Facetasm’s Hybrid Shapes
For its latest collection, Facetasm took up residence in the Church of Saint-Merry in Paris. It’s a mystical place where Japanese designer Hiromichi Ochiai presented a collection that plays with superimposition and a particularly daring mixture of patterns, combining checks, animals and polka dots.
True to form, the designer brought together influences from classicism to baroque and from gothic style to pop culture. Tulle, nylon, velvet, denim, ribbons… Hiromichi Ochiai is full of ideas and expresses himself with fabric. He likes deconstructed garments in many colours, like this dress-shirt-kimono and this artistic shape.
Facetasm (the name refers to the many facets that can be discovered in one object) was created in 2007 and is continuing its rise in the fashion world.
Hiromichi Ochiai grew up and studied in Tokyo at Bunka Fashion College and graduated in 1999. Over the next eight years, he worked for fabric company Guildwork as an assistant for the brand NGAP, before going on to launch his own brand. He made his first appearance on the catwalk in Tokyo in 2011.
This collection would see him reach the final of the Tokyo Fashion Award three years later. That same year, Georgio Armani invited him to show his collection at Milan Fashion Week. Two years later, in 2016, he presented his pieces in Paris for the first time, and was then shortlisted for the prestigious LVMH Prize. Since then, Facetasm has been breaking the rules and constantly renewing its fashions, for example by including technicwear shapes which are gathering a growing number of fans.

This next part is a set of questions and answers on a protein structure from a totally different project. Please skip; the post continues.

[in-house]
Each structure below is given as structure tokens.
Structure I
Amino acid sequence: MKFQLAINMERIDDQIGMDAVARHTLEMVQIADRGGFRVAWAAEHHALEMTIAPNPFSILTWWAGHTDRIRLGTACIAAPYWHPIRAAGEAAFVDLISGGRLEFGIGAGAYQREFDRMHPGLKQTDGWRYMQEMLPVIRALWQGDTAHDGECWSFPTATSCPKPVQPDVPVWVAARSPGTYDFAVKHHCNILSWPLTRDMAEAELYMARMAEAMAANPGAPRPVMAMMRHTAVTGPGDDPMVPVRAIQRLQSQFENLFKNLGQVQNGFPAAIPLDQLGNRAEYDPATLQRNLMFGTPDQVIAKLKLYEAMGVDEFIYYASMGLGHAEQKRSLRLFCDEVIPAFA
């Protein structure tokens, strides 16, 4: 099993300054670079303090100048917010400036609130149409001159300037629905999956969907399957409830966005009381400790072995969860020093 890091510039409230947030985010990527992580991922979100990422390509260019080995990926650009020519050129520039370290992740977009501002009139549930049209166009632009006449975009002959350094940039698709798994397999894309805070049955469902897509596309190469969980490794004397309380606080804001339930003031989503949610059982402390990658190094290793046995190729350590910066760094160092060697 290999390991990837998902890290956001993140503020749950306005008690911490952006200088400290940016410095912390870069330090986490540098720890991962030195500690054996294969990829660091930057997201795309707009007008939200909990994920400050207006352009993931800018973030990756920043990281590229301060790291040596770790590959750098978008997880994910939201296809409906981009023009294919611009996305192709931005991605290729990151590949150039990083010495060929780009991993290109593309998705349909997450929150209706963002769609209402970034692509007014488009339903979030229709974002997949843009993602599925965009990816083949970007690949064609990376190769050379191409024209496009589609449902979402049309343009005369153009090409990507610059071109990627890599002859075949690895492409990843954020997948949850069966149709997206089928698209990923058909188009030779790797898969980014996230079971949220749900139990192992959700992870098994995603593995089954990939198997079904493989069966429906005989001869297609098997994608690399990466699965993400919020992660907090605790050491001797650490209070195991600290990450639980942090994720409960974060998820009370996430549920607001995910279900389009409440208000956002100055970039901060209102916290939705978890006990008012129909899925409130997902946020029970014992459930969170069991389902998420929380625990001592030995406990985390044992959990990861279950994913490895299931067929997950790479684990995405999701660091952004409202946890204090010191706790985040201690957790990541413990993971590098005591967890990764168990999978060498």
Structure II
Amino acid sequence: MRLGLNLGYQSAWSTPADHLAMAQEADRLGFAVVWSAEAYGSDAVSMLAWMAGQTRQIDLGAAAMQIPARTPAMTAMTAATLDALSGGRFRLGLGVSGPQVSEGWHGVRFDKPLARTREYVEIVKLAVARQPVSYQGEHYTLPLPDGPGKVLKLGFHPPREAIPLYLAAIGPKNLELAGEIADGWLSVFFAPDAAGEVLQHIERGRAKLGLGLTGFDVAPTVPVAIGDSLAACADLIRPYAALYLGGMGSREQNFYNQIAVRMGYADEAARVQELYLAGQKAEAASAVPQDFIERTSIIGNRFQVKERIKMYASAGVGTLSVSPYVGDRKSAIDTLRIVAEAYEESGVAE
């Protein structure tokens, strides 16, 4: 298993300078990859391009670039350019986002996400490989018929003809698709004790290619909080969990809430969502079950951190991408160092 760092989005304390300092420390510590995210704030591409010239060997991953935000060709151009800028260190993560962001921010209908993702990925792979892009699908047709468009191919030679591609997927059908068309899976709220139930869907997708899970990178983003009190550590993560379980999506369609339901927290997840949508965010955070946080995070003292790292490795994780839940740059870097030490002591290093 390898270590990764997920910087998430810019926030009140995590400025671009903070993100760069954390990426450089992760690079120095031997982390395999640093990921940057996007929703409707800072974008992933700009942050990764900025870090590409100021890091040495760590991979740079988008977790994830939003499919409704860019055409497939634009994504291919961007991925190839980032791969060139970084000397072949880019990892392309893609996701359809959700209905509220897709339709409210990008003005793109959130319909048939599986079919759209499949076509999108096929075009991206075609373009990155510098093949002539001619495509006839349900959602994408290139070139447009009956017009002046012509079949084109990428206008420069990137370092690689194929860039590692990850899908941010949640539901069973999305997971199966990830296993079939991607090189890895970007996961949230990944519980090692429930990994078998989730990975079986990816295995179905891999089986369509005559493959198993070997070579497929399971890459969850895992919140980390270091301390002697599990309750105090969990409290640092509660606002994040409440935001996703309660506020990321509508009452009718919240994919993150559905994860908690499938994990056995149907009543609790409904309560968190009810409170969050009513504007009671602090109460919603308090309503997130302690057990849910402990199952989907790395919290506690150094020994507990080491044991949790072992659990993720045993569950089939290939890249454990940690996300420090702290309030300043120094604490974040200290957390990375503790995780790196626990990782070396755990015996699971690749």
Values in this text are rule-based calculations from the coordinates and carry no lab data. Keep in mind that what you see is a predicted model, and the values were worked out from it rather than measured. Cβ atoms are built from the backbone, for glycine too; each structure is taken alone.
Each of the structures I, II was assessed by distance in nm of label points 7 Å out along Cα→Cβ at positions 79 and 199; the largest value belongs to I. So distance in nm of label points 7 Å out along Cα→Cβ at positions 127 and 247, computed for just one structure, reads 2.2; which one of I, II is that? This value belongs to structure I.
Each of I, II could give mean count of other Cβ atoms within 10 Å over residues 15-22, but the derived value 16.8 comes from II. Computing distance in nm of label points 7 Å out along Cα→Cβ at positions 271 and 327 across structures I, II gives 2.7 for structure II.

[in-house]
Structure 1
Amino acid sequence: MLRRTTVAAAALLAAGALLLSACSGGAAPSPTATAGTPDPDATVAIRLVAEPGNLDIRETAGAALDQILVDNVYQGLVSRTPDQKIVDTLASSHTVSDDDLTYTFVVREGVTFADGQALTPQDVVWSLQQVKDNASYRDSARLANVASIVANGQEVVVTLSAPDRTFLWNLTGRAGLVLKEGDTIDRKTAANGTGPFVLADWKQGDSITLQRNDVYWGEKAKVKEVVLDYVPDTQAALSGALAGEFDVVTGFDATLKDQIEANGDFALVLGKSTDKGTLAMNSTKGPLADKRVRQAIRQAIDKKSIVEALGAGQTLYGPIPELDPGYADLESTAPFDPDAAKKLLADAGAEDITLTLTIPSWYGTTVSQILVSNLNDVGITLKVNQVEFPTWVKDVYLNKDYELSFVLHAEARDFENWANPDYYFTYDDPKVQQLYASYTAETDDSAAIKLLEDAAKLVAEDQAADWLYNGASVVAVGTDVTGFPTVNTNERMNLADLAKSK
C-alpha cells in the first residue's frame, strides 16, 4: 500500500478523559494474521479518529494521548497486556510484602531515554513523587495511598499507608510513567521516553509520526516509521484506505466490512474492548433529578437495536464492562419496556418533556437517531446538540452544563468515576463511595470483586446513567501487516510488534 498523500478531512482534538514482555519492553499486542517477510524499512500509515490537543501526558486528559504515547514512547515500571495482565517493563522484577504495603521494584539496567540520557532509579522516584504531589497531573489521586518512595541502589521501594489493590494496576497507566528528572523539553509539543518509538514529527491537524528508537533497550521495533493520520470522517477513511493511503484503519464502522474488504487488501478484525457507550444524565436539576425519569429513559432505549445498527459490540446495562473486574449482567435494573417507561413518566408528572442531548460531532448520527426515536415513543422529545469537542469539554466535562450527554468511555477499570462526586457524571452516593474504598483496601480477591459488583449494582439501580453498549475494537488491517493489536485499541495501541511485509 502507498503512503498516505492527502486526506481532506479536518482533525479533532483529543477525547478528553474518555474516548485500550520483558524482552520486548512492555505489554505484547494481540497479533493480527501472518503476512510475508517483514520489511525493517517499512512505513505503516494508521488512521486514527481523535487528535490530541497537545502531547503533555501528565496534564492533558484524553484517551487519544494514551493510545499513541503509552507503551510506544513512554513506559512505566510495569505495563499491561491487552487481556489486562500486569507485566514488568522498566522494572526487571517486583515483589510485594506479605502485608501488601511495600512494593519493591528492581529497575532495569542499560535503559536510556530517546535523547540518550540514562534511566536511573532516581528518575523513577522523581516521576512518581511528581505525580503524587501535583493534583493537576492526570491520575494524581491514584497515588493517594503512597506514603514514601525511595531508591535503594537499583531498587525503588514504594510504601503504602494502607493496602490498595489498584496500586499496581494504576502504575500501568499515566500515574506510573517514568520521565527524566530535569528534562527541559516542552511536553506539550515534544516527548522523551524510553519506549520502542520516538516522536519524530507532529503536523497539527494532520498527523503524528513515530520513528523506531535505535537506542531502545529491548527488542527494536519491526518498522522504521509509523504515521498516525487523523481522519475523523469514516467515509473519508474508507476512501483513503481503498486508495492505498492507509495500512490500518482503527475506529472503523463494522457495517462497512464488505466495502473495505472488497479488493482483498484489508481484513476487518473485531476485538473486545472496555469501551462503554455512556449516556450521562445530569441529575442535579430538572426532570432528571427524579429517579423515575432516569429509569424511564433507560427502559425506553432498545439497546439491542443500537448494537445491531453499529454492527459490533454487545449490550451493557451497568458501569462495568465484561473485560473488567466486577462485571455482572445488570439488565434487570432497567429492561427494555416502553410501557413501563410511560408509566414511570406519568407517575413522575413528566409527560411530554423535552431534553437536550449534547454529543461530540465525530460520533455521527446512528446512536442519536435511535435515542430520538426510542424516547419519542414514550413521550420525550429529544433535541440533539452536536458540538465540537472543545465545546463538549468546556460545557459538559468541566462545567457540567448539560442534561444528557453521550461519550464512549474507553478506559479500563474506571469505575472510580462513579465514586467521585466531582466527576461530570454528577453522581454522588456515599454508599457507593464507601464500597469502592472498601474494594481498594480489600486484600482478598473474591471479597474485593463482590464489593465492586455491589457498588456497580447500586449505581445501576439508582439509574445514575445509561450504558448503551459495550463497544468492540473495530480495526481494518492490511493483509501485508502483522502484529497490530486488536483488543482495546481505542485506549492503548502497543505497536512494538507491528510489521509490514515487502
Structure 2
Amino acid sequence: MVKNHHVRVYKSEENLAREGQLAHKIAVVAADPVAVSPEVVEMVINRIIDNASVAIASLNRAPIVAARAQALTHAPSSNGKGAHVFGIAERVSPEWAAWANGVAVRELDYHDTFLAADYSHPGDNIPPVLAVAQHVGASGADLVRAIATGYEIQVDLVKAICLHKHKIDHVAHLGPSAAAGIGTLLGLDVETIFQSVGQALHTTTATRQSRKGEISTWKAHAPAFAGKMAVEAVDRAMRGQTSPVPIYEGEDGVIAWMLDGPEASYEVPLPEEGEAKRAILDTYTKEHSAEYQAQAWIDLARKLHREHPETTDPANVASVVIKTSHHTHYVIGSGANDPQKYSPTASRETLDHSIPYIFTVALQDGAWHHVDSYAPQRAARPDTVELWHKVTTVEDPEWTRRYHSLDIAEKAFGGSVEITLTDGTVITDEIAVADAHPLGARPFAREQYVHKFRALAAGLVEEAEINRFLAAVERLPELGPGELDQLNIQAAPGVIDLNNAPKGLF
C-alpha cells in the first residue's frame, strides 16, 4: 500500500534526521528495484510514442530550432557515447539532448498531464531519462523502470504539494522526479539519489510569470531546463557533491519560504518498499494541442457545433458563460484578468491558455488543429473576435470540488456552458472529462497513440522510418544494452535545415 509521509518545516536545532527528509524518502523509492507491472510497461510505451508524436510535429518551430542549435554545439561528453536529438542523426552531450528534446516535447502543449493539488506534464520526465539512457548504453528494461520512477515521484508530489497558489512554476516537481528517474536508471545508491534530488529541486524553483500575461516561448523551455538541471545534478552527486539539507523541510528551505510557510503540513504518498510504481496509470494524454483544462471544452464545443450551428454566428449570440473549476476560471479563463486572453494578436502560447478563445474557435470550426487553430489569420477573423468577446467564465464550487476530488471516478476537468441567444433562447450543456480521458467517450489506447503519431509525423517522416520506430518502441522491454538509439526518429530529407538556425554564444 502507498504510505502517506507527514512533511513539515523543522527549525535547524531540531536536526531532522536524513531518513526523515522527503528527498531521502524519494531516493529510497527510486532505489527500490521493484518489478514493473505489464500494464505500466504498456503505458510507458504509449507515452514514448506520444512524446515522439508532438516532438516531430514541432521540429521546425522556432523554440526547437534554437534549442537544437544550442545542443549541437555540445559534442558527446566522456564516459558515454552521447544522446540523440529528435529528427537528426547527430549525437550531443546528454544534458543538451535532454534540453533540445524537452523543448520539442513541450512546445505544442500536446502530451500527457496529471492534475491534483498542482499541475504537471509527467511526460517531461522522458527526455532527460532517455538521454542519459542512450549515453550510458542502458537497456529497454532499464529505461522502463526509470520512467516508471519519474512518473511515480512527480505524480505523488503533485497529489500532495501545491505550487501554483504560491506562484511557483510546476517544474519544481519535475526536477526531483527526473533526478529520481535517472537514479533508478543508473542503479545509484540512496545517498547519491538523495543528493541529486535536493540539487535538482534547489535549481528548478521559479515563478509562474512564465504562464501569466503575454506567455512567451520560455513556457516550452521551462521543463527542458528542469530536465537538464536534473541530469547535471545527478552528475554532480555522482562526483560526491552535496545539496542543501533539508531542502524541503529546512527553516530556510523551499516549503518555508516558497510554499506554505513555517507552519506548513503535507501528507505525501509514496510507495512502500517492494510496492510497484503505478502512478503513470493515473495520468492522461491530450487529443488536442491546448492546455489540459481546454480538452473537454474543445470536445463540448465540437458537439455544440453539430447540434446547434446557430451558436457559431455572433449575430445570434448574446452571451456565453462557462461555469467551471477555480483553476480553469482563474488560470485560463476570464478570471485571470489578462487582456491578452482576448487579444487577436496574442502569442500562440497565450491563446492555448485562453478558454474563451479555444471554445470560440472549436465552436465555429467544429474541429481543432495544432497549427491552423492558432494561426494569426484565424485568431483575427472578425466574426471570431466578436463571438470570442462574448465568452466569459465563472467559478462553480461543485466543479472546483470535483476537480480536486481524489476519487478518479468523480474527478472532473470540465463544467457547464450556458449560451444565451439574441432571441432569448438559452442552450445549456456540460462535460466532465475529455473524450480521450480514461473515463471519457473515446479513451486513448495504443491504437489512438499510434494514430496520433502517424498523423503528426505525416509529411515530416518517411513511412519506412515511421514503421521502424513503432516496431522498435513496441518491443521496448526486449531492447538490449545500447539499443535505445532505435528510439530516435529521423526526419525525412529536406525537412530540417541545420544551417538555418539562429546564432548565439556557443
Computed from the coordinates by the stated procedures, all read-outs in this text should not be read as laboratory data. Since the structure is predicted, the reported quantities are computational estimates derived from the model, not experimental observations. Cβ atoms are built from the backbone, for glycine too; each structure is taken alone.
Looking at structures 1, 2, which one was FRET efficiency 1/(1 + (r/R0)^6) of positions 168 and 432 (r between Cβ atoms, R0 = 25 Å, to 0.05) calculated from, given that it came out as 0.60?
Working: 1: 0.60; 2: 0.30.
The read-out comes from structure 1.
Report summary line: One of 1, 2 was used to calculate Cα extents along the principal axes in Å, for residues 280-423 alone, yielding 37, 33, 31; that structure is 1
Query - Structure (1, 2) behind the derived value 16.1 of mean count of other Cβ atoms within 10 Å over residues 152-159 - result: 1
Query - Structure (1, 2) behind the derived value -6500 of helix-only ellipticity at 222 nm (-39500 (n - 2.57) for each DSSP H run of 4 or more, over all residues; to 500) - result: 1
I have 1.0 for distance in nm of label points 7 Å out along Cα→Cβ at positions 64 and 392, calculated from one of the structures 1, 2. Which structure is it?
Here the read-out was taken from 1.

The main reason why Facetasm is unlike any other brand is because it makes hybridity its main asset. Facetasm represents a mix of genres, oscillating between complexity and simplicity, eccentricity and minimalism. Japanese traditionalism is combined with a Parisian attitude, with shapes which are both chic and street. Models walk the runway with their hands in their pockets, wearing trainers, while also dressed in a classic piece which echoes the French bourgeoisie: the trench coat.
The brand’s avant-garde aesthetic is constantly reinforced by a unique show which features models who appear out-of-the-ordinary. Their makeup and accessories are crazy: their faces are completely covered in makeup, or they wear wigs and extravagant hats.
Hiromichi Ochiai grew up surrounded by the bubbling energy of the Japanese capital. He evolved in an era when pop culture was at its peak and when craftsmanship returned to the forefront: these are the two main influences which fuel his work. Facetasm’s governing principle is to have no rules and no fear when it comes to creating. With his brand, Ochiai designs pieces he has always dreamt of wearing, while paying homage to the energy of Tokyo.
Sawako Ariyoshi, the Japanese Simone de Beauvoir
Her caustic view of Japanese society and her feminist vision made her a successful but marginal author in the literary world of the time.
Hiroshi Senju: Sacred works at Koyasan
Famous for being the home to numerous Buddhist temples, the sacred site of Mount Koya celebrated its 1,200th anniversary in 2015.
Iwakura Shiori’s Floral Photography
One of the key characteristics of Iwakura Shiori’s photography is her palette of bright colours, rendering her images sublimely cinematic.
In Karachi Fujien, Van Gogh’s Garden
Walking along the pathways of Kawachi Wisteria garden (Karachi Fujien), it’s easy to imagine oneself walking through a Van Gogh landscape.
The Must-Read Text on Japanese Aesthetics, 'In Praise of Shadows'
First published in Japanese in 1933, Junichiro Tanizaki’s In Praise of Shadows is a testimony to the enduring timelessness of Japanese aesthetics.